Answer 6:
i got a ticket on the I 10 for going 110 in a 70 zone, was told it would be around $600. let you know in 3 weeks. COST ME 420$ AND A MONTH SUSPENSION ON LICENSE AND 2 POINTS ON RECORD. IF YOU GET A JUDGE PRO TEM, REQUEST A REGULAR JUDGE--------- TRUST ME!

Answer 7:
A 91 ticket in a 65 zone on the 395 N just south of Bishop, CA slapped me for exactly $350.

Answer 8:
Out of Staters, from: http://www.inyocourt.ca.gov/

"Vehicle Code Section 40902 allows a defendant to contest citations in writing, without having to make a personal court appearance. This procedure is called a "trial by declaration." Trial by written declaration are available in cases involving infraction violations of the Vehicle Code or of local ordinances adopted under the Vehicle Code."

I'm not sure if this is a regional vehicle code, or a state code. But definitely worth investigating.

Answer 9:
just a few nights ago i got a speeding ticket going uphill for doing 72 in a 45 in Torrance Cali on Hawthorne blv. luckily since it was really late at night and no-one was around he didn't get me for reckless driving. im fearing the total outcome to be over 500 but from the sound of things i may not have to worry too much. we'll see

Answer 10:
Well if you are smart you will get a traffic court attorney. I got 2 tickets one week apart FROM THE SAME COP! Well they were 45 in a 30 and 42 in a 30. yeah, same road and yes, same spot. Well the cop told me they would be around 225 each plus court fees and insurance premium raise. And I got an attorney for 200 each ticket. so I only paid 400, so....better look into it. you don't have to go to court and you don't have the hassle of nothing else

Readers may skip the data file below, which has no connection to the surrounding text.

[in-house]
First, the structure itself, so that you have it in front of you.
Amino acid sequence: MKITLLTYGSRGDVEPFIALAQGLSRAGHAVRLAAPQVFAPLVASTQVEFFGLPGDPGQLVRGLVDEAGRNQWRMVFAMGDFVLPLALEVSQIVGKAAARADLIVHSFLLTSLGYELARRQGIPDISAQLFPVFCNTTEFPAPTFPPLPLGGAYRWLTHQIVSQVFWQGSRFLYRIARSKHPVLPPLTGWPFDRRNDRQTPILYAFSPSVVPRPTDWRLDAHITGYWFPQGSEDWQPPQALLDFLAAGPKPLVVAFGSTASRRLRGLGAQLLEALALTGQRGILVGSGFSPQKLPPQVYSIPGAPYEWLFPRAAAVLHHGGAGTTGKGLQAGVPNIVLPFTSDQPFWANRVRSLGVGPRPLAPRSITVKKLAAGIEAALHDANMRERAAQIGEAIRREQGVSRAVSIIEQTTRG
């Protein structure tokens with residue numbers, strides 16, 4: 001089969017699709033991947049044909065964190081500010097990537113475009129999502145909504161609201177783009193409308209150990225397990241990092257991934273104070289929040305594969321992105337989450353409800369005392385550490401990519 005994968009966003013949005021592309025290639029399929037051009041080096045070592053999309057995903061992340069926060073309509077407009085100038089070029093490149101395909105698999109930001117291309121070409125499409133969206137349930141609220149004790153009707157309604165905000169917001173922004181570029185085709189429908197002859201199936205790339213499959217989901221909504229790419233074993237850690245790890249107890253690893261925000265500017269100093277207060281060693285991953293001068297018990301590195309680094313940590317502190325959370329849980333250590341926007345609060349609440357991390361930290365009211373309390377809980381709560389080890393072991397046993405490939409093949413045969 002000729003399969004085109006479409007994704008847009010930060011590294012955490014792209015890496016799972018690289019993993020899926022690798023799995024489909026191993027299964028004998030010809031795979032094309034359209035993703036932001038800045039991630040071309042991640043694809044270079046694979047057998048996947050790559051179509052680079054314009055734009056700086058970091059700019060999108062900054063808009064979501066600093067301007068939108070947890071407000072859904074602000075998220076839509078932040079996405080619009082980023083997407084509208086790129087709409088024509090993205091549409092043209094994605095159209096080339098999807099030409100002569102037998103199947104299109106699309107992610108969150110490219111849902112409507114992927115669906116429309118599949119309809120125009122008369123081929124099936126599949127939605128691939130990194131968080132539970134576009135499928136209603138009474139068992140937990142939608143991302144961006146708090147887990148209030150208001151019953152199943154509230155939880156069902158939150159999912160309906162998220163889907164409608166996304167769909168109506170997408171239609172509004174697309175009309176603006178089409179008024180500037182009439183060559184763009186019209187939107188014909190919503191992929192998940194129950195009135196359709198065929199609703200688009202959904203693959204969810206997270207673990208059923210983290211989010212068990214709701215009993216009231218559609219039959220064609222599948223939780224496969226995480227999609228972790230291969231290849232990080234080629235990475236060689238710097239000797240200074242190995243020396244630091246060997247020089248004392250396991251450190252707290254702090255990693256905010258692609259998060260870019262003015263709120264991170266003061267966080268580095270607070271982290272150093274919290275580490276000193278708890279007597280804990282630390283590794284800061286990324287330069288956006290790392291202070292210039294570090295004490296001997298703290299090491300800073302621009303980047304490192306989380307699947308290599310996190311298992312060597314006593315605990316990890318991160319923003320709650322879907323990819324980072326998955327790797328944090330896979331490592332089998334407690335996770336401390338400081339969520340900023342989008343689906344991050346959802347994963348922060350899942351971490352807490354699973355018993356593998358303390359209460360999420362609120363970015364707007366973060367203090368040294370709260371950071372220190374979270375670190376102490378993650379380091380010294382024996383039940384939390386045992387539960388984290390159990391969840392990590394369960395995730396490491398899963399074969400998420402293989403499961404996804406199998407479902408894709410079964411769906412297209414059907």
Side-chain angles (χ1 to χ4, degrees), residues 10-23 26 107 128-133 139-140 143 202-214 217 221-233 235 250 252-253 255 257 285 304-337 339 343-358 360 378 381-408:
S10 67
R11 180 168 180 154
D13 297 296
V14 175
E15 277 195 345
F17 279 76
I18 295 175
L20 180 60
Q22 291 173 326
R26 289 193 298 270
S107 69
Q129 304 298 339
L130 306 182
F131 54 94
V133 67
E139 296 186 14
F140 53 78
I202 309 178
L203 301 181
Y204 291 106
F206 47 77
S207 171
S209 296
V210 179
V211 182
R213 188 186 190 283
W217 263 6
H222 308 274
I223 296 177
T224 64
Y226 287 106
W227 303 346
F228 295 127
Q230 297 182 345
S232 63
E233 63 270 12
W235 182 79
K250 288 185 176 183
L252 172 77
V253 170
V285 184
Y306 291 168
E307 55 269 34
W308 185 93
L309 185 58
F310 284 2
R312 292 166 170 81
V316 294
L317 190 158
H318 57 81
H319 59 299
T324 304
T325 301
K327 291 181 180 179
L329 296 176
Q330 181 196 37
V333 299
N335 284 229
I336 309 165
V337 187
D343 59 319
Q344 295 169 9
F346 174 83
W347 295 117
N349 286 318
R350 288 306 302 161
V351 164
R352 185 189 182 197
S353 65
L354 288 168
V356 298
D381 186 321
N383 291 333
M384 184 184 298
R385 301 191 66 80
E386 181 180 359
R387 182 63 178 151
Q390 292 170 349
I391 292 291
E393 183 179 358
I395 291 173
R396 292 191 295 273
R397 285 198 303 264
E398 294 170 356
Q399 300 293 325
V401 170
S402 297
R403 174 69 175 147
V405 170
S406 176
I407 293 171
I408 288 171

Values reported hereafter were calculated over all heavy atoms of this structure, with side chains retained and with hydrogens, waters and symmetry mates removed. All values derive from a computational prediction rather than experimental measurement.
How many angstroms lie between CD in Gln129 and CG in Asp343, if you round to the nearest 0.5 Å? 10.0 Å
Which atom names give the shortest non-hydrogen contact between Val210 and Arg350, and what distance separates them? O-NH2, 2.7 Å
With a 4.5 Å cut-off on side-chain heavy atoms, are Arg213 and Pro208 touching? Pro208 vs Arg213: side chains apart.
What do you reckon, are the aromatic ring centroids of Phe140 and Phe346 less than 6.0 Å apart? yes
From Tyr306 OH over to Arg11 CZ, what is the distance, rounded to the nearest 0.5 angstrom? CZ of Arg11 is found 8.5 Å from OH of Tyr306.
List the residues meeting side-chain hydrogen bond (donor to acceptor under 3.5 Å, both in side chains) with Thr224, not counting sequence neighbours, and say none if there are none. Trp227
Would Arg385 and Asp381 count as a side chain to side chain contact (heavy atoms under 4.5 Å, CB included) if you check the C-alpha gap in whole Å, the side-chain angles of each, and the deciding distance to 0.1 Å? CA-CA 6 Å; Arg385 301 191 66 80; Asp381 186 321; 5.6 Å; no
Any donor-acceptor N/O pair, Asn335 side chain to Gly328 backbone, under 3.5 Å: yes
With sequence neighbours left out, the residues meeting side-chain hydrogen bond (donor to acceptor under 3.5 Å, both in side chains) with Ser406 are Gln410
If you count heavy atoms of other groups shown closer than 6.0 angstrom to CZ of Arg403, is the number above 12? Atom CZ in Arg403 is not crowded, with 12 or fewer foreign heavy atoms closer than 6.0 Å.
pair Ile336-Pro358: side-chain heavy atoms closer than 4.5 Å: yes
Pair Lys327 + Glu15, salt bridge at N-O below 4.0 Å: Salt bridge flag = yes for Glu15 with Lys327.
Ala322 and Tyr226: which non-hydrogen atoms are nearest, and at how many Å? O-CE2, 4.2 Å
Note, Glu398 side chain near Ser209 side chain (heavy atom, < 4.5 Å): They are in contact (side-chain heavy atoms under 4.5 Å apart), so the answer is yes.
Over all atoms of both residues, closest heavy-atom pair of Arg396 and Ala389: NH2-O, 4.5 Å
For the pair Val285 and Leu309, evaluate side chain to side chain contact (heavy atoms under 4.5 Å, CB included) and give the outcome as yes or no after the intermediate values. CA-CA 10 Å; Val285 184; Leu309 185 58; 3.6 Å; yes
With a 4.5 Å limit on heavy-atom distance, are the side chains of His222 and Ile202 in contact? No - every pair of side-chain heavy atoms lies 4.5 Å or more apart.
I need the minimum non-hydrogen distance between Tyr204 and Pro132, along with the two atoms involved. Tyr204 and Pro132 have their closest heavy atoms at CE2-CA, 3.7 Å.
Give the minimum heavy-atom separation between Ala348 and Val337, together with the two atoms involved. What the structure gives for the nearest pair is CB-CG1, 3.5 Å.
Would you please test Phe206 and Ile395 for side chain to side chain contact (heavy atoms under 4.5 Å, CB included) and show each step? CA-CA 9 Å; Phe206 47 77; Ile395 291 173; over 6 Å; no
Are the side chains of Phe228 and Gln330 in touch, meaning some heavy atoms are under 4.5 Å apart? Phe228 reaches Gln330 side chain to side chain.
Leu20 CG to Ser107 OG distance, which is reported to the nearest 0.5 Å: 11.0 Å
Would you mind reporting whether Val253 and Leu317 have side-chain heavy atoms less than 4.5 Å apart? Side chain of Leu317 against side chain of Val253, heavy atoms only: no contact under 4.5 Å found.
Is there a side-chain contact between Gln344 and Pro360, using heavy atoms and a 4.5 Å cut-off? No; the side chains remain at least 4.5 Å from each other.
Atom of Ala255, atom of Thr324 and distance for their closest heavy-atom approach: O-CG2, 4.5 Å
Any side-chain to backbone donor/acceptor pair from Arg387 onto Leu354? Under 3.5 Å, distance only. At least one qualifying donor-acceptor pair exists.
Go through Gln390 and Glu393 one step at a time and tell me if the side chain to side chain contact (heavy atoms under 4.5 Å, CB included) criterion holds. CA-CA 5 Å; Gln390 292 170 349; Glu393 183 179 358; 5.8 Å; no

Answer 11:
I was going 45MPH in a 25MPH zone and my bail was 846.00!

Answer 12:
I got a 97mph on a 65 mph on South I-15 entering Escondido, how much will the citation be.? plus i also got cited for front side tinted windows and my license plate missing from my front bumper, but those were fix it tickets so i fixed them

isn't speeding fun.
"I was going 45MPH in a 25MPH zone and my bail was 846.00!"

I wonder why it was so much.

I got one for doing 80 in a 65 zone on the 405, the cop wouldn't even give me an estimate. I read somewhere it would be $370 or more...but after this I hope it's less, I'm not exactly Bill Gates. Thank Jesus for cheap online traffic school. It's almost been two weeks, I'll update on the cost when I get the letter in the mail. But let me get this right: